02.

Carabidae

Ground beetles

Predators

Larvae and adults predate on small insects and other animals

03.

Cerambycidae

Long-horned beetles

Wood borers/rotten wood feeders

Larvae bore into moist-wood, various species of trees and shrubs, and adults feed on nectar and pollen, sometimes foliage

04.

Chrysomelidae

Leaf beetles

Plant feeders

Larvae feed on leaves, stems, and plant roots and adults feed on leaves, stems, and flowers

05.

Curculionidae

Weevils

Plant feeders

Larvae and adults feed on plant parts and seeds

06.

Elateridae

Click beetles

Root feeders

Larvae feed on plant roots and adults feed on nectar

07.

Erotylidae

Fungus beetles

Fungus feeders

Larvae and adults feed on fungi

08.

Lycidae

Lycid beetles

Wood/plant feeders

Larvae feed on bark and leaves, and adults feed on nectar, flower, and plants

09.

Mordellidae

Tumbling flower beetles

Plant/rotten wood feeders

Larvae feed on rotting wood, fungi, or the pith of stems, and adults feed on pollen

10.

Nitidulidae

Sap beetles

Fungus feeders

Larvae feed on fungi, corn ears, waste onion piles, food material in contact with the soil, and adults feed on cracked and damaged fruits

11.

Oedemeridae

Pollen feeding beetles

Root/fungus feeders

Larvae feed on rootlets and fungal rhizomes, and adults feed on pollen

12.

Scarabaeidae (Scarabaeinae and Aphodiinae)

Scarab beetles

Dung feeders

Larvae and adults feed on carrion, dung, skin, and feathers

13.

Scarabaeidae (excluding Scarabaeinae and Aphodiinae)

Scarab beetles

Plant/rotten wood feeders

Larvae feed on roots, rotting wood, and decaying organic material in the ground, and adults feed on leaves, pollen, and flowers

14.

Scolytidae

Bark beetles

Wood borers

Larvae and adults bore into stressed or damaged plants

15.

Staphylinidae

Rove beetles

Predators

Larvae and adults predate on insects, and they feed on plants, fungi, and excrement

16.

Tenebrionidae

Darkling beetles

Scavengers

Larvae and adults feed on plant parts and stored grains

aInformation adopted after Kurosawa et al. (1998); Lawrence et al. (1999); Uéno et al. (1999); Hayashi et al. (2002); Grimaldi and Engel (2005)

Line thinning is a form of variable retention commercial harvesting that is being practiced more and more widely in Japan (Fig. 1). It aims to conserve biodiversity as well as to increase timber production. In this type of thinning, 3–5 m wide linear stand sections are harvested parallel to the mountain slope and often perpendicular to the forest roads, retaining 5–12 m wide stand sections. Line thinning is less labor intensive and more efficient for timber extraction than conventional single-tree thinning methods, especially on steep slopes where most plantation forests in Japan are located. In addition to its economic viability, line thinning creates microclimatically heterogeneous understory habitat conditions (Taniguchi 2003), which contribute to increasing understory plant diversity (Clinton 2003; McKenzie et al. 2000). In this study, we compared Coleoptera community structure between thinned and unthinned stands in two overstocked C. japonica plantations in central Japan to evaluate the effectiveness of line thinning toward biodiversity restoration.
Fig. 1

Photographs of the experimental stands in the two Cryptomeria japonica plantations, northern Hyogo Prefecture, central Japan: (a) sectional view of the line-thinned stand in Sugi, 4 years after thinning hosting many understory plants dominated by annuals and perennials, (b) sectional view of the unthinned stand in Sugi hosting very few understory plants, (c) sectional view of the line-thinned stand in Kuchiotani, 6 years after thinning hosting many understory plants dominated by woody plants, and (d) sectional view of the unthinned stand in Kuchiotani hosting few understory plants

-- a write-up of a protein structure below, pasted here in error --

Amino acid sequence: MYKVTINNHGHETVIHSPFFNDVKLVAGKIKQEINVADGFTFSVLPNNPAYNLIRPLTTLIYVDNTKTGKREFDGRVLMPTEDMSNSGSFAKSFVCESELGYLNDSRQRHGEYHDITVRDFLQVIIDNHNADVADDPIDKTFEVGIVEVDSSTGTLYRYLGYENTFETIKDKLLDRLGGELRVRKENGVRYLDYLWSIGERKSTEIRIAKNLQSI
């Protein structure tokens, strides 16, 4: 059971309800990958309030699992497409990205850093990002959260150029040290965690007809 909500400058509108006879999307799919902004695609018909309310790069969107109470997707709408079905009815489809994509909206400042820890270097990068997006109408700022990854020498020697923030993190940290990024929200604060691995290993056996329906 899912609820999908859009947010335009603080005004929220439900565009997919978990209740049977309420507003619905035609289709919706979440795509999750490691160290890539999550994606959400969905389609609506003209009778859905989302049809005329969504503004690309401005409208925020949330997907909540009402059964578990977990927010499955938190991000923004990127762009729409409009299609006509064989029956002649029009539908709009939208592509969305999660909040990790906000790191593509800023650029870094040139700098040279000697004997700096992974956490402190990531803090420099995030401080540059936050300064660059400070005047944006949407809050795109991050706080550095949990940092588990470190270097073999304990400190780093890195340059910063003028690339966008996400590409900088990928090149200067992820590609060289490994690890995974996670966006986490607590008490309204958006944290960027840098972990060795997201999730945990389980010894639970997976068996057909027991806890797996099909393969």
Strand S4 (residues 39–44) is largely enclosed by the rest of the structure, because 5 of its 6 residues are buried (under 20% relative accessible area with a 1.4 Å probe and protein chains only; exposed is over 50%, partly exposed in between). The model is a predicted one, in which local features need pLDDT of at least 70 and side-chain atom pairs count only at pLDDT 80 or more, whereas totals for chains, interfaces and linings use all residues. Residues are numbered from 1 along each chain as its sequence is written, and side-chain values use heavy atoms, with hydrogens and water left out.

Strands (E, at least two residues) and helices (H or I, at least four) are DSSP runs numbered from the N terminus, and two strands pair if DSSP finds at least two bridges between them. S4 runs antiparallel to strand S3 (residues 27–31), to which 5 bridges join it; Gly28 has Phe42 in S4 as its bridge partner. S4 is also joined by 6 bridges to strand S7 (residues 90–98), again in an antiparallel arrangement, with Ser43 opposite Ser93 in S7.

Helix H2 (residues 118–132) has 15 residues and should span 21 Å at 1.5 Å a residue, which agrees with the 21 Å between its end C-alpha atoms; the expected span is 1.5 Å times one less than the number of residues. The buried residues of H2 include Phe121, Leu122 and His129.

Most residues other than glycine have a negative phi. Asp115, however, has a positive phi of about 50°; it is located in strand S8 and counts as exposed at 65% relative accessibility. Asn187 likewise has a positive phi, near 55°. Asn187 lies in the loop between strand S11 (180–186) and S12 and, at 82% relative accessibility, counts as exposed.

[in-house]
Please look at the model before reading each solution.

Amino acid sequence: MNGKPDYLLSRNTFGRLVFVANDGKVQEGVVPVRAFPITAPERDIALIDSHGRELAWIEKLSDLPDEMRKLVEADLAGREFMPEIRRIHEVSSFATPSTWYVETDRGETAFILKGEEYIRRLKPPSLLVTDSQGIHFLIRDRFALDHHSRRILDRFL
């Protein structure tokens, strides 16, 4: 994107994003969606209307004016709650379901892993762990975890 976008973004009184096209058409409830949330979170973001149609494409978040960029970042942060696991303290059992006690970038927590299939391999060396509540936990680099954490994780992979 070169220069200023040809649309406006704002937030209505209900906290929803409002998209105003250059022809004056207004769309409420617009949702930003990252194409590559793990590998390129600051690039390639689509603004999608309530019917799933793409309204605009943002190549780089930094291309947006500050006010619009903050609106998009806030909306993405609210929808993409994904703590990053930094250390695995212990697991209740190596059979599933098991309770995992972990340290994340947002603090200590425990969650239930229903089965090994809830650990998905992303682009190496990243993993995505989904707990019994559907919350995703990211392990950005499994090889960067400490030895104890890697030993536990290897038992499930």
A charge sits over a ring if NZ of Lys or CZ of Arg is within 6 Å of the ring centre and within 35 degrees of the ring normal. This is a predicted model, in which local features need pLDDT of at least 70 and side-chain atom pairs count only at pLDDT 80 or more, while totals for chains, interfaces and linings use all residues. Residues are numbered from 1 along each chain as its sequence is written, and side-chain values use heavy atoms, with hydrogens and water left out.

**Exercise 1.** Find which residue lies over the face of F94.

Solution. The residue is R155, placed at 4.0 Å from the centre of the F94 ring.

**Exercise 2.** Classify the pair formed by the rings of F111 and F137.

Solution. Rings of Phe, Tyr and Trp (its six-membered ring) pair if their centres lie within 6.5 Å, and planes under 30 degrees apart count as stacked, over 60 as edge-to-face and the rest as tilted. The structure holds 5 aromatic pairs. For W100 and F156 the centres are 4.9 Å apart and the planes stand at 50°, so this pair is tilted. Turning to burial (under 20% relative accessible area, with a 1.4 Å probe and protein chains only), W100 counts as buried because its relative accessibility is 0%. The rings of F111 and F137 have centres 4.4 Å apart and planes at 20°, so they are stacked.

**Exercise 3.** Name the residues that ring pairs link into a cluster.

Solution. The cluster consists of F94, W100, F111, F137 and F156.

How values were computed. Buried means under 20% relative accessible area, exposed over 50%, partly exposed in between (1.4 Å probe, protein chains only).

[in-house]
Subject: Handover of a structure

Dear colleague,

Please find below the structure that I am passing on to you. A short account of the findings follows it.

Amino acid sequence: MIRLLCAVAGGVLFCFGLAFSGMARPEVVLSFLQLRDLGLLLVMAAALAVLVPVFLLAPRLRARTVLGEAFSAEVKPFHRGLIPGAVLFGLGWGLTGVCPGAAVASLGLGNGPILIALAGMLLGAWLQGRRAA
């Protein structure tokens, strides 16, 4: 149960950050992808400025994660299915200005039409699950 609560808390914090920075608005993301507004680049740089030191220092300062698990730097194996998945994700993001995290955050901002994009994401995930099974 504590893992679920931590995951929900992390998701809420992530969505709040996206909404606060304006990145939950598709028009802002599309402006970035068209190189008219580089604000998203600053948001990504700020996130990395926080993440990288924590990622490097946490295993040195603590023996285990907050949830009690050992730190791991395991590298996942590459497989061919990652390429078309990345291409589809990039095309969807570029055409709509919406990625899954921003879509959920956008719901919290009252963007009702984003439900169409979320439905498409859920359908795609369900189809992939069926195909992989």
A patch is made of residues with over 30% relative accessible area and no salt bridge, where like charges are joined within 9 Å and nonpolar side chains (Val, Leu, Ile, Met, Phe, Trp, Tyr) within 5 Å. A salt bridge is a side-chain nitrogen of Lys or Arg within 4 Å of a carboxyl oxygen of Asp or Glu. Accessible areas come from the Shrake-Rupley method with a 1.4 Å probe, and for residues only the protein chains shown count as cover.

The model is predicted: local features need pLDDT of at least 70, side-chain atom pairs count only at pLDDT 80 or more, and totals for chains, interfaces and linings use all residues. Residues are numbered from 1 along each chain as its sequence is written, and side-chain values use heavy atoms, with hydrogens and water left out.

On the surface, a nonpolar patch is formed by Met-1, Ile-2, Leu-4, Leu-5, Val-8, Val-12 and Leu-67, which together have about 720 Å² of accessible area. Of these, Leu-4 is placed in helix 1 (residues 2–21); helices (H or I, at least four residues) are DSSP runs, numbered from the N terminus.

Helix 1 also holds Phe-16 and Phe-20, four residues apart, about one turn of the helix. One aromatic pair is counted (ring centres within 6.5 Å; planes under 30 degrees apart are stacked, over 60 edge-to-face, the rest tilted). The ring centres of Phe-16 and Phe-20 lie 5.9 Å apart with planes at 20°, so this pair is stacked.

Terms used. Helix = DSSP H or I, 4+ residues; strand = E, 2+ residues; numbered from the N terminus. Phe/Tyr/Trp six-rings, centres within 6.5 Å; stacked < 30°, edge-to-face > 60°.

Materials and methods

Study sites

The study was conducted in two C. japonica plantations located at two different elevations: ‘Sugi site’ in Kanzaki Town (low-elevation: 350 m asl, 35°24′N, 134°56′E) and ‘Kuchiotani site’ in Kami Town (high-elevation: 700 m asl, 35°47′N, 134°50′E). Both sites are located in northern Hyogo Prefecture, central Japan. Mean annual temperature and mean annual precipitation are, respectively, 16.3°C and 1,487 mm for Sugi and 14.5°C and 1,947 mm for Kuchiotani. Both sites experience monsoon climate with a rainy season from June to July with ∼20–25 rainy days. The surrounding landscape matrix of the two sites is very different. The Sugi area is dominated by plantation forests covering more than 80% of the forested landscape of Kanzaki Town. In contrast, the Kuchiotani area is dominated by natural forests comprising primary and secondary cool-temperate deciduous forests.

Treatment applications

Research plots in the Sugi site are located on a southeast-facing slope (mean inclination = 25°). The stand was line-thinned in 2000, when the stand age had reached 35 years. The intensity of thinning was ∼25% of the total number of trees. Number of lines was twelve and thinning width was 3 m, with a length of 120 m each. Retention width was 9 m. Tower yarder was used for removing cut stems. The treatment plot (15 × 50 m2) included one line-thinned section and one retained section. The control plot (20 × 20 m2) was established in an adjacent unthinned stand on the same slope.

Research plots in the Kuchiotani site are located on a south-facing slope (mean inclination = 12°). The stand was line-thinned in 1998, when the stand age had reached 39 years. The intensity of thinning was ∼29% of the total number of trees. Number of lines was five and thinning width was 3.6 m, with a length of 65 m each. Retention width was 5.4 m. Swing yarder was used for removing cut stems. The treatment plot (20 × 30 m2) included two line-thinned sections and two retained sections. The control plot (20 × 30 m2) was established in an adjacent unthinned stand on the same slope. Maleque et al. (2007) give a detailed description of the study site and research plots.

Sampling, identification and grouping of Coleoptera